Q&A: losing your former in-laws

Anonymous, who is a mother of two little kids and is thiiiiiis close to being completely legally divorced, writes:

"Is it strange that I really am mourning the loss of my relationship with my Inlaws more than I am mourning the loss of any happy relationship with my soon to be ex-spouse?"

I say no. Not at all strange.

For a lot of us who are divorced or in the process of divorce or splitting up or realizing we can't go on, there's a moment when you realize your (ex-)spouse was never really, truly, a friend to you. As much as you told yourself s/he was at the time, or wanted it to be so, you can often look back and realize the other person was at worst cruel or at best disengaged in a way a real friend wouldn't have been. But it's hard to see that when you're in it. There's a constant tug-of-war between what you want to be, and what your spouse wants to be, and it often gets really blurred and the façade and the reality intrude on each other.

But in-laws seem to be more obviously either friend or foe. Either they are truly supportive and want you to be part of the family, or they make it obvious that you don't measure up. If they've been actively hostile, losing them in a divorce can relieve a lot of stress. But if you luck into the supportive kind, it can be like losing your own family if you lose them when you split up.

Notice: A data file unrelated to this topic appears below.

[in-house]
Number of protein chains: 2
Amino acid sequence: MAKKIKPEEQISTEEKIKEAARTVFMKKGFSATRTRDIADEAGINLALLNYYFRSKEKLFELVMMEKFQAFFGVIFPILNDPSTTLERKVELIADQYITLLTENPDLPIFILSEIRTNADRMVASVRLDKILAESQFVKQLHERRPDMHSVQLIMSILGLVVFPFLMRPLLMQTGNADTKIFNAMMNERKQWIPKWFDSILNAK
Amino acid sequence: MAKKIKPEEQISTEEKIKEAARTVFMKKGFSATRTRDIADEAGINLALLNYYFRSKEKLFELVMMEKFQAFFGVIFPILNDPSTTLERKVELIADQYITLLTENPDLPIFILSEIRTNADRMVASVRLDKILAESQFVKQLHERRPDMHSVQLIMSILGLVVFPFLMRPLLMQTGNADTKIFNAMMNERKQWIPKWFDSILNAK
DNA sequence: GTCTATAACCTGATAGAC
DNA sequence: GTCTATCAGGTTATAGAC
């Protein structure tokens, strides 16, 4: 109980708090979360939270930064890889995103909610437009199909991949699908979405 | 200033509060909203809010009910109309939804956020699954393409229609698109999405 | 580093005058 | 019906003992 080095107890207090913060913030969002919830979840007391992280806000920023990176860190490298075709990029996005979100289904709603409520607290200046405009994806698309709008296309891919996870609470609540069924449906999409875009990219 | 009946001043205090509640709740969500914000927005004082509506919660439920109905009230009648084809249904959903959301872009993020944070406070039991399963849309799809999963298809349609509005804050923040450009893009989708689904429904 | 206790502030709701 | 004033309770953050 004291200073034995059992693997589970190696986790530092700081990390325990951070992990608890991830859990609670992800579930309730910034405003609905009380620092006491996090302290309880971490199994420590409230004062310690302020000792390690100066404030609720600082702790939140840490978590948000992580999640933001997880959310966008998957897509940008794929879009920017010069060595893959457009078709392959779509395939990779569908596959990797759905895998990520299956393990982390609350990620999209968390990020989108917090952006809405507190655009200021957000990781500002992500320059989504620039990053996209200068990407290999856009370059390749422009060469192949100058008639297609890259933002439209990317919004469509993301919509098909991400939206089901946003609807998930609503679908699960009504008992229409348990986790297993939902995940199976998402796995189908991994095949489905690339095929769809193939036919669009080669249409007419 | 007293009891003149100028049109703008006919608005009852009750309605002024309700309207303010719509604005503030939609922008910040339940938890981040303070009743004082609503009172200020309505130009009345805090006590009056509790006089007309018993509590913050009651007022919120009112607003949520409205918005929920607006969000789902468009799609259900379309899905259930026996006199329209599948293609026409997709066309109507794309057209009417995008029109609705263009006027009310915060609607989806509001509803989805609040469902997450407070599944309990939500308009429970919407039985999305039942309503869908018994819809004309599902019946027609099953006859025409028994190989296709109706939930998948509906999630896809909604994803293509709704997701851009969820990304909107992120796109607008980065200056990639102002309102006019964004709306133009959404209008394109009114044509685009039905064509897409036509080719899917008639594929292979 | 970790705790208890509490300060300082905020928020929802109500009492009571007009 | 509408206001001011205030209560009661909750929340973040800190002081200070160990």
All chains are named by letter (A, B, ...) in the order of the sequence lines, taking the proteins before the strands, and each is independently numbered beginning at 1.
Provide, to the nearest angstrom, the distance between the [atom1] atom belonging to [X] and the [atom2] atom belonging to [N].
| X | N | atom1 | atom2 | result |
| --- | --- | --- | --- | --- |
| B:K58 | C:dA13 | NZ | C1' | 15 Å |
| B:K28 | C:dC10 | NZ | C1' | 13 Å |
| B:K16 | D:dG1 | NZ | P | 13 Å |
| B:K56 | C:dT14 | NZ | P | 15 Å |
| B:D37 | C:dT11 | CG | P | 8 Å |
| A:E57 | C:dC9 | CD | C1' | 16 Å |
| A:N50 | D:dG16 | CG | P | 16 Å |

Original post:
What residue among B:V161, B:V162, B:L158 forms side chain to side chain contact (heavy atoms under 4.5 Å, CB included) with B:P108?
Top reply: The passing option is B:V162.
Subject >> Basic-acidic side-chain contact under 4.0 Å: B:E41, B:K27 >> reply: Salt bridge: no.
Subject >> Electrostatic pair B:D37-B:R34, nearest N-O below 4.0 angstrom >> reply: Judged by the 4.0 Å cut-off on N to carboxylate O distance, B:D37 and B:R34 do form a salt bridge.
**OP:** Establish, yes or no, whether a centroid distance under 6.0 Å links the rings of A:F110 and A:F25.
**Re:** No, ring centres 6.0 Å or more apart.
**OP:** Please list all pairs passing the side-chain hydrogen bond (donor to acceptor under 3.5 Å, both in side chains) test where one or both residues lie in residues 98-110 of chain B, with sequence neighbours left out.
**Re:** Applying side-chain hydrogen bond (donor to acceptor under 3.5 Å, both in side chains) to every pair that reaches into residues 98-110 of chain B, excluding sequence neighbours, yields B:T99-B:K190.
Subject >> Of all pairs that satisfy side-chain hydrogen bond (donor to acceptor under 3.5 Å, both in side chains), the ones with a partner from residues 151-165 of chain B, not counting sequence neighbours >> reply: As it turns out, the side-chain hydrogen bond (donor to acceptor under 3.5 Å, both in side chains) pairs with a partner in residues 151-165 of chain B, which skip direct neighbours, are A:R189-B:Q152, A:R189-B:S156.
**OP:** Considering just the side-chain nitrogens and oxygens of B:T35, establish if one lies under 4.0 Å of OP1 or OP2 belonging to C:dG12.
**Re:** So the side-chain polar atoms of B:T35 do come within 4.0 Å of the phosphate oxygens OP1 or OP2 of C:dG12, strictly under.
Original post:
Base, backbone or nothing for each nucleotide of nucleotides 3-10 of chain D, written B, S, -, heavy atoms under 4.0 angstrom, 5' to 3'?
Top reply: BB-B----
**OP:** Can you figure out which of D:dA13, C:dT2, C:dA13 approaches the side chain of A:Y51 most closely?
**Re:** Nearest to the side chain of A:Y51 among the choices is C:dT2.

I wish that former in-laws could all realize that they still need to have a relationship with the parents of their grandchildren. No matter what those parents have done or what they perceive those parents to have done (barring abusive or illegal things), they still have a connection to each other. It's better for children to have their parents and grandparents communicating and being as kind to each other as possible.

But you can't force other people to do the right thing. You can only behave yourself in a way that invites openness and care. And if your former in-laws are determined not to continue a caring relationship with you, then you need to circle your own emotional wagons and do what you need to to heal yourself while still allowing your children to enjoy their grandparents.

Any thoughts? Has anyone else felt this way about losing former in-laws? How did you make it through?